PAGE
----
By now the major social media failure of New York Police’s social media department has made it around the world. The well-intended pull tactic to ask citizens to tweet their best memories and share pictures with NYPD using the hashtag #MyNYPD was by an overwhelming majority of Twitter users used to send in pictures of their worst memories:
The hashtag was trending for two days in the US and created spin-off initiatives around the country and around the world:
I believe it was an honest attempt to use a tactic to actively engage citizens. Other government departments are extremely successful in asking citizens for their input or for sending in pictures, like the Department of Interior for example. There is research out there that shows that citizens feel more engaged and ‘heard’ when have options to directly get in touch with government officials through unofficial channels, such as social media.
However, what is interesting about this story is not so much that NYPD was surprised by the flood of negative images or might have misjudged the open culture of the Web. Instead, I find it much more interesting that NYPD won’t be able to rely on Twitter as a resilient infrastructure during emergency situations. Clearly, thousands of people in NY don’t trust the police in the first place and that has significant implications for outreach and preparedness messaging. If no one listens to you or even makes fun of you, how will you be able to create a trusted voice online? Who will listen in case of another hurricane that shuts down power lines? A recent Congressional hearing has shown that citizens’s cellphones were still connected to the Web and served as a lifeline during the power outage.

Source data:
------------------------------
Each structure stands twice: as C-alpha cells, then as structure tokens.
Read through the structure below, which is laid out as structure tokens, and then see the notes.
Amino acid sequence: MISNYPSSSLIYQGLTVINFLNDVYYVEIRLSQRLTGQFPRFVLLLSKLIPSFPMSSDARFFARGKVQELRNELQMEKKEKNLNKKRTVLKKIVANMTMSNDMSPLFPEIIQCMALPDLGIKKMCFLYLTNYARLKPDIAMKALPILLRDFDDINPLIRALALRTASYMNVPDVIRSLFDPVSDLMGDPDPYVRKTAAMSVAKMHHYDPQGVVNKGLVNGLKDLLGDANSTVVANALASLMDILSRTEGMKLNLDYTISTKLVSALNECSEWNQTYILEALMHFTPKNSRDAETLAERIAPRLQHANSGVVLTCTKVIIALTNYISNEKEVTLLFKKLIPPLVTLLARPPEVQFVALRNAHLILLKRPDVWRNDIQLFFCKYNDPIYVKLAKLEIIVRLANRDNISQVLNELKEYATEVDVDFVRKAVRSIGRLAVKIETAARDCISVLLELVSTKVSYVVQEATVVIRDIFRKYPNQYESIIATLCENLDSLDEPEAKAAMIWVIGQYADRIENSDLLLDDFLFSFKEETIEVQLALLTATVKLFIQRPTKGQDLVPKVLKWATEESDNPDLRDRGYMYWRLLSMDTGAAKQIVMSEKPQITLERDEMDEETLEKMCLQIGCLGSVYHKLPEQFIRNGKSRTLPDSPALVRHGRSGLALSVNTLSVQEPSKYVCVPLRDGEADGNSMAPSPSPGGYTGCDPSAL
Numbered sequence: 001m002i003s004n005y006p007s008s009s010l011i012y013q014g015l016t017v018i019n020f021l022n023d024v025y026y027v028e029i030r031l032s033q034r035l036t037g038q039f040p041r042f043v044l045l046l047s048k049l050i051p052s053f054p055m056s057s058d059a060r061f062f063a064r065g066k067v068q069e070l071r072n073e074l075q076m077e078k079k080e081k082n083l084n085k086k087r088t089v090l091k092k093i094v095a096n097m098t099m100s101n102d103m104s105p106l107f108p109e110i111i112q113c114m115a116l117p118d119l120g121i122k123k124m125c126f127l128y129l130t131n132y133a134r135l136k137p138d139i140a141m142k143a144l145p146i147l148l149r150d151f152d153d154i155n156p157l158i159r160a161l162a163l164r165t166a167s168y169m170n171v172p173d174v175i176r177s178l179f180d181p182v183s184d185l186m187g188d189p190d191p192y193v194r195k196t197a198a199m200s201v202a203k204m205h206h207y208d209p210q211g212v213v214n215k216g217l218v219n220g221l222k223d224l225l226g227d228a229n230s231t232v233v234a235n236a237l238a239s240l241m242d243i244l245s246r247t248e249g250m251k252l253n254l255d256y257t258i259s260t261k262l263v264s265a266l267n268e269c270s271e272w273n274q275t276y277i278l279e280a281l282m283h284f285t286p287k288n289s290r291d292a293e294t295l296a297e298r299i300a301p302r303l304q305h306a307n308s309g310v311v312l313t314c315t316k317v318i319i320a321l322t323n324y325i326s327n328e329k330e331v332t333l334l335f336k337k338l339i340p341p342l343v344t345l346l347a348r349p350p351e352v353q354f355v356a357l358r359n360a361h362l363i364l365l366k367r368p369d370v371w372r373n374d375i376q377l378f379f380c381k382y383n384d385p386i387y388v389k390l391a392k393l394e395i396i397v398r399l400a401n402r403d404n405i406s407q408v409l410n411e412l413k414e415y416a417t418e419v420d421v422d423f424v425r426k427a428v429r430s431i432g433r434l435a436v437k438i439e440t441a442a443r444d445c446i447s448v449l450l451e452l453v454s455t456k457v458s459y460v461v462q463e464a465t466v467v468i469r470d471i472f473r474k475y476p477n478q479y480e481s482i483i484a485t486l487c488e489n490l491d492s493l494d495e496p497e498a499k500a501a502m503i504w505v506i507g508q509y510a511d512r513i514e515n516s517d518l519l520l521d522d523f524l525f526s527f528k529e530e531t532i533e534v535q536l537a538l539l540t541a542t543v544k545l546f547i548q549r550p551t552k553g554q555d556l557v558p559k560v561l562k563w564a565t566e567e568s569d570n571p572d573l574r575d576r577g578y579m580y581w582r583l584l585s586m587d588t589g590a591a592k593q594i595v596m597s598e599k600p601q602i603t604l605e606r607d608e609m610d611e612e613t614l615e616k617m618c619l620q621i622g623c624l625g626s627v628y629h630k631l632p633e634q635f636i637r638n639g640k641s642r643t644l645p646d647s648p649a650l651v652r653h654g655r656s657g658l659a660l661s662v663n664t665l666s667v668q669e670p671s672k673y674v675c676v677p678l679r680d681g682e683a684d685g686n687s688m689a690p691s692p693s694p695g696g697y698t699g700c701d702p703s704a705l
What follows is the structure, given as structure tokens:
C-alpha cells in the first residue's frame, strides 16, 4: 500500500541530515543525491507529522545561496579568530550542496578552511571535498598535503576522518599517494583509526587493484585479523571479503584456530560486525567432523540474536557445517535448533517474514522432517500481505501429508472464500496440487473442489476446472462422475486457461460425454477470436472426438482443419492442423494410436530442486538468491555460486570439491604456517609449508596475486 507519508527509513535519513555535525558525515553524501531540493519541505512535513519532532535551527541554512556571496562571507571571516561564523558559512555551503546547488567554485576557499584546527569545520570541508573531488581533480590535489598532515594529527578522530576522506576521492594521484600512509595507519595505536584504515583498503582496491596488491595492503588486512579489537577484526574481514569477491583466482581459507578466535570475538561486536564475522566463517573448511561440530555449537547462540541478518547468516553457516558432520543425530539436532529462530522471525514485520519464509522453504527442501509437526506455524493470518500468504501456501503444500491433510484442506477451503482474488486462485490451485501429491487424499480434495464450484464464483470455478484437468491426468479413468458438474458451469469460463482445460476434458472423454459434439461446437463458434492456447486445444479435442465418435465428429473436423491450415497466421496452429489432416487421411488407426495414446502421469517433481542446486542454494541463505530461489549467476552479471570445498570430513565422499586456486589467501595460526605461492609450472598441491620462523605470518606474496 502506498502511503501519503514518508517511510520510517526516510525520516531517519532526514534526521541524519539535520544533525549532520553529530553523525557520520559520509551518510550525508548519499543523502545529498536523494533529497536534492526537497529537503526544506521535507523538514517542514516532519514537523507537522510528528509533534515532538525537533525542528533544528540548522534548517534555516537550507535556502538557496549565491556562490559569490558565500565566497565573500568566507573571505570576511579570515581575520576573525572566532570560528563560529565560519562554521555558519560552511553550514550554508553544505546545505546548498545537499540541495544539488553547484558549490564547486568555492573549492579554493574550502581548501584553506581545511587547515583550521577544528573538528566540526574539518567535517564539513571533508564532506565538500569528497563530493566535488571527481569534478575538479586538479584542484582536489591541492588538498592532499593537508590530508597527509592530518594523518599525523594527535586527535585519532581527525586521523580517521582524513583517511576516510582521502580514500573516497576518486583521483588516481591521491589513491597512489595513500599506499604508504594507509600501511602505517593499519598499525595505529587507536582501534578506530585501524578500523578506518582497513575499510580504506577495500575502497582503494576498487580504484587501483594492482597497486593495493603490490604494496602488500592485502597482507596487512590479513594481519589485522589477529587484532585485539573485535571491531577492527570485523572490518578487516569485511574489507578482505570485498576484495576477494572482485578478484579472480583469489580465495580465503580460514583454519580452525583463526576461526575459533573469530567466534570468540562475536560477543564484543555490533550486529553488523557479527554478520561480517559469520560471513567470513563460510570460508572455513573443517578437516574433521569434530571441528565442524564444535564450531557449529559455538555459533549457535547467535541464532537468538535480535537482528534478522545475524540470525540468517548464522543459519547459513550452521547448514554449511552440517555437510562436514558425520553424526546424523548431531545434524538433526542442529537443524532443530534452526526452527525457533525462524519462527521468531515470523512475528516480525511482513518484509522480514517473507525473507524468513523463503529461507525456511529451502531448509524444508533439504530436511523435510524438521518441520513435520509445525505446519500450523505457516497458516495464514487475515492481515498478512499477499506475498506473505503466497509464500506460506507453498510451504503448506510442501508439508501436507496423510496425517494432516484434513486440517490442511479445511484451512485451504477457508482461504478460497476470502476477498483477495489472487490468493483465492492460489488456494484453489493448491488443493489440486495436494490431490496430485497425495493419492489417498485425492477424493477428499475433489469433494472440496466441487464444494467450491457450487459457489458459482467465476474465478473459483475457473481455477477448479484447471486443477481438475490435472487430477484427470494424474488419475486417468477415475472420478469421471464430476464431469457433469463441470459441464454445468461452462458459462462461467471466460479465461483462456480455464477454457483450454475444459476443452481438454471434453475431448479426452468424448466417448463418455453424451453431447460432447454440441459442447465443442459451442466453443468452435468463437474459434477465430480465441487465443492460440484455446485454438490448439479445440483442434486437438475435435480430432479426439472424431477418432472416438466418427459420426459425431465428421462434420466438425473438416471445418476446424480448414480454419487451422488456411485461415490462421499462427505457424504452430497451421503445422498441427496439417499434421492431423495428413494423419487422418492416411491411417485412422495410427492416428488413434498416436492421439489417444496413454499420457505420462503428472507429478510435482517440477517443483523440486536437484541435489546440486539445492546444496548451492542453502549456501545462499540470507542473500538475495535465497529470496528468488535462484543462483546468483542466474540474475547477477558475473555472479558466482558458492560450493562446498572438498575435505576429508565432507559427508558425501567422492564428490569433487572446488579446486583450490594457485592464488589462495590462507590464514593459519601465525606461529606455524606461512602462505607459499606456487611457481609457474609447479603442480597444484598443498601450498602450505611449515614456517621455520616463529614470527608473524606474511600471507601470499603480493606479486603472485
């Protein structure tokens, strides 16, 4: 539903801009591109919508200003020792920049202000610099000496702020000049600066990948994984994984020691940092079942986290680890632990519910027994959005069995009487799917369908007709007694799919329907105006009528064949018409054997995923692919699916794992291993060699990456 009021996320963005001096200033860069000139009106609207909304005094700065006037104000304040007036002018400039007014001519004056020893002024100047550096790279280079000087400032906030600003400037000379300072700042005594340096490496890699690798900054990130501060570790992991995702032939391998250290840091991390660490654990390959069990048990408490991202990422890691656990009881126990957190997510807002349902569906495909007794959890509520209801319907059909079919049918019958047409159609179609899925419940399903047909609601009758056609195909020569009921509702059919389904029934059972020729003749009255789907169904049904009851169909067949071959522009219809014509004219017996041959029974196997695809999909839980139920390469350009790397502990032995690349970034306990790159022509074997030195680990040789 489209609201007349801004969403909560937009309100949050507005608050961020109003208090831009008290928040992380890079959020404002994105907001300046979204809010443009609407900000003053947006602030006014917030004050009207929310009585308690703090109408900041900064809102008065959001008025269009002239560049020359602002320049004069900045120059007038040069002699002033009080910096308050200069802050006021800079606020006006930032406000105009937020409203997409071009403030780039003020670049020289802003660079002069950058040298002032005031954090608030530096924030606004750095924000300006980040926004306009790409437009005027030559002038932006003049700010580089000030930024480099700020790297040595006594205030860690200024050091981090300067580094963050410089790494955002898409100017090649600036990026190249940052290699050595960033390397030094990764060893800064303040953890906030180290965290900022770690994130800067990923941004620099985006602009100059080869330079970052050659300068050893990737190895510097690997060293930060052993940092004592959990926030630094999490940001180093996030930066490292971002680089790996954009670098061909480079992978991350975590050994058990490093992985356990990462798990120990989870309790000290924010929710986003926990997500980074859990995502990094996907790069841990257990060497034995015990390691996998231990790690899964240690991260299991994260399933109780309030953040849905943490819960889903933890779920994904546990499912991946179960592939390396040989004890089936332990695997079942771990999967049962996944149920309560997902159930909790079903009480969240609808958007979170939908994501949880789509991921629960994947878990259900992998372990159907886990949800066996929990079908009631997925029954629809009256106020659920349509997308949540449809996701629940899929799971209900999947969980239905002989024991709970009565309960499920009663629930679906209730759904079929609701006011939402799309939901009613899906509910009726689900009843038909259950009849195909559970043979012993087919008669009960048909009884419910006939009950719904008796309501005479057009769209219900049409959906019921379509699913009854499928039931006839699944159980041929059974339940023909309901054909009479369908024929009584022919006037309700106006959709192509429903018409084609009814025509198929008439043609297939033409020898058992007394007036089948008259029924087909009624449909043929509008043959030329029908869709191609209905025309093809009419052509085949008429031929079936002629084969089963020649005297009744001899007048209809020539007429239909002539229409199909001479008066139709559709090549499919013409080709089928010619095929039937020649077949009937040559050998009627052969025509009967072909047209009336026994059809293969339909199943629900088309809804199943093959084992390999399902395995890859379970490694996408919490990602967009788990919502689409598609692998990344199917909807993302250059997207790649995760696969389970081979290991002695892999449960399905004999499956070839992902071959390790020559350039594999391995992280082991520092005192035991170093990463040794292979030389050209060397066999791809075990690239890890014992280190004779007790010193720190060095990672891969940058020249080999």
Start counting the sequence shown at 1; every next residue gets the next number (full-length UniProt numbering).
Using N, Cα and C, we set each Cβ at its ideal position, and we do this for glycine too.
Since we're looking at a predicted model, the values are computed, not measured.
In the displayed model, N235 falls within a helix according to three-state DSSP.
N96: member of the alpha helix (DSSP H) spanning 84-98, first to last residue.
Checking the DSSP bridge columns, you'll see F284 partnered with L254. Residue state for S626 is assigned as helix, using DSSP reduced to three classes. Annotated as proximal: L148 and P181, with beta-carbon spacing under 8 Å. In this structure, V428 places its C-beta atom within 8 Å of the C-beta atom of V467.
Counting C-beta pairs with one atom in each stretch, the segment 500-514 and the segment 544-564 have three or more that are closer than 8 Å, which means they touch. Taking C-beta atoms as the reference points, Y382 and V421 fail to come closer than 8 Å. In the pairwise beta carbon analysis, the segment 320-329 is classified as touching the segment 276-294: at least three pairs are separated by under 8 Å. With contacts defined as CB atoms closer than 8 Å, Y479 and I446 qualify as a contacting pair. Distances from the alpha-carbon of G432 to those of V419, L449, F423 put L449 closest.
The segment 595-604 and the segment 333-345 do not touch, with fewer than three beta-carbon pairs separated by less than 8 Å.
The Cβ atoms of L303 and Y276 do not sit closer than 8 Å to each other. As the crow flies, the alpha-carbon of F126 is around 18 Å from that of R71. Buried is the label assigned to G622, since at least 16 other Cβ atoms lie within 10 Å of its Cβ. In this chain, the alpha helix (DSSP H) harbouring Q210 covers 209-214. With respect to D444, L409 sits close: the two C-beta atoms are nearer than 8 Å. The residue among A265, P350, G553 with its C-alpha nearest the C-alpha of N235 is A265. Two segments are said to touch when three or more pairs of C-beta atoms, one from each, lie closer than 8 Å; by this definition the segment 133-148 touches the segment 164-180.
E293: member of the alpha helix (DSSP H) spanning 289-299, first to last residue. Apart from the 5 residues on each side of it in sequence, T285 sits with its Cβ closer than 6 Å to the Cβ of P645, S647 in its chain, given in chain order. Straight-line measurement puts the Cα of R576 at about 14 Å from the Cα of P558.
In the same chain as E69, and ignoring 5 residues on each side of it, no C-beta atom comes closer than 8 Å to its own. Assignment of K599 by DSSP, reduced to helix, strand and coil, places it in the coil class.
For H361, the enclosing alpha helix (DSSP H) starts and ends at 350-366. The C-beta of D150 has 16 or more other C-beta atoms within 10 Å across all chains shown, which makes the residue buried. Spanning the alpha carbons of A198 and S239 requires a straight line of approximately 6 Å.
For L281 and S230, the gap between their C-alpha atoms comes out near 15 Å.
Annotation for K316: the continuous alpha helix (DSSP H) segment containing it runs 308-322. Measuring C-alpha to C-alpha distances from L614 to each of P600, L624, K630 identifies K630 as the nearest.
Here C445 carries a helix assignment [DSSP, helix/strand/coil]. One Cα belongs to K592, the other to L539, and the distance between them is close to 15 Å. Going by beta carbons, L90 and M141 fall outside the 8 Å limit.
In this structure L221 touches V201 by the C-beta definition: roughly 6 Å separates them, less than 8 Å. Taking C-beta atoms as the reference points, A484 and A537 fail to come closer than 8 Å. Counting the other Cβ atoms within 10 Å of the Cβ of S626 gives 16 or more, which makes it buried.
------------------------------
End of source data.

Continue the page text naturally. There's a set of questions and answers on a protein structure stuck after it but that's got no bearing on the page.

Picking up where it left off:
I believe this is an important lesson for NYPD to build a trustworthy online presence – in combination with the same offline trust of course – so that they can rely on social media during emergency situations. This has to be done between major events and not at times when citizens actually have be reached in an emergency. A tough road ahead for NYPD.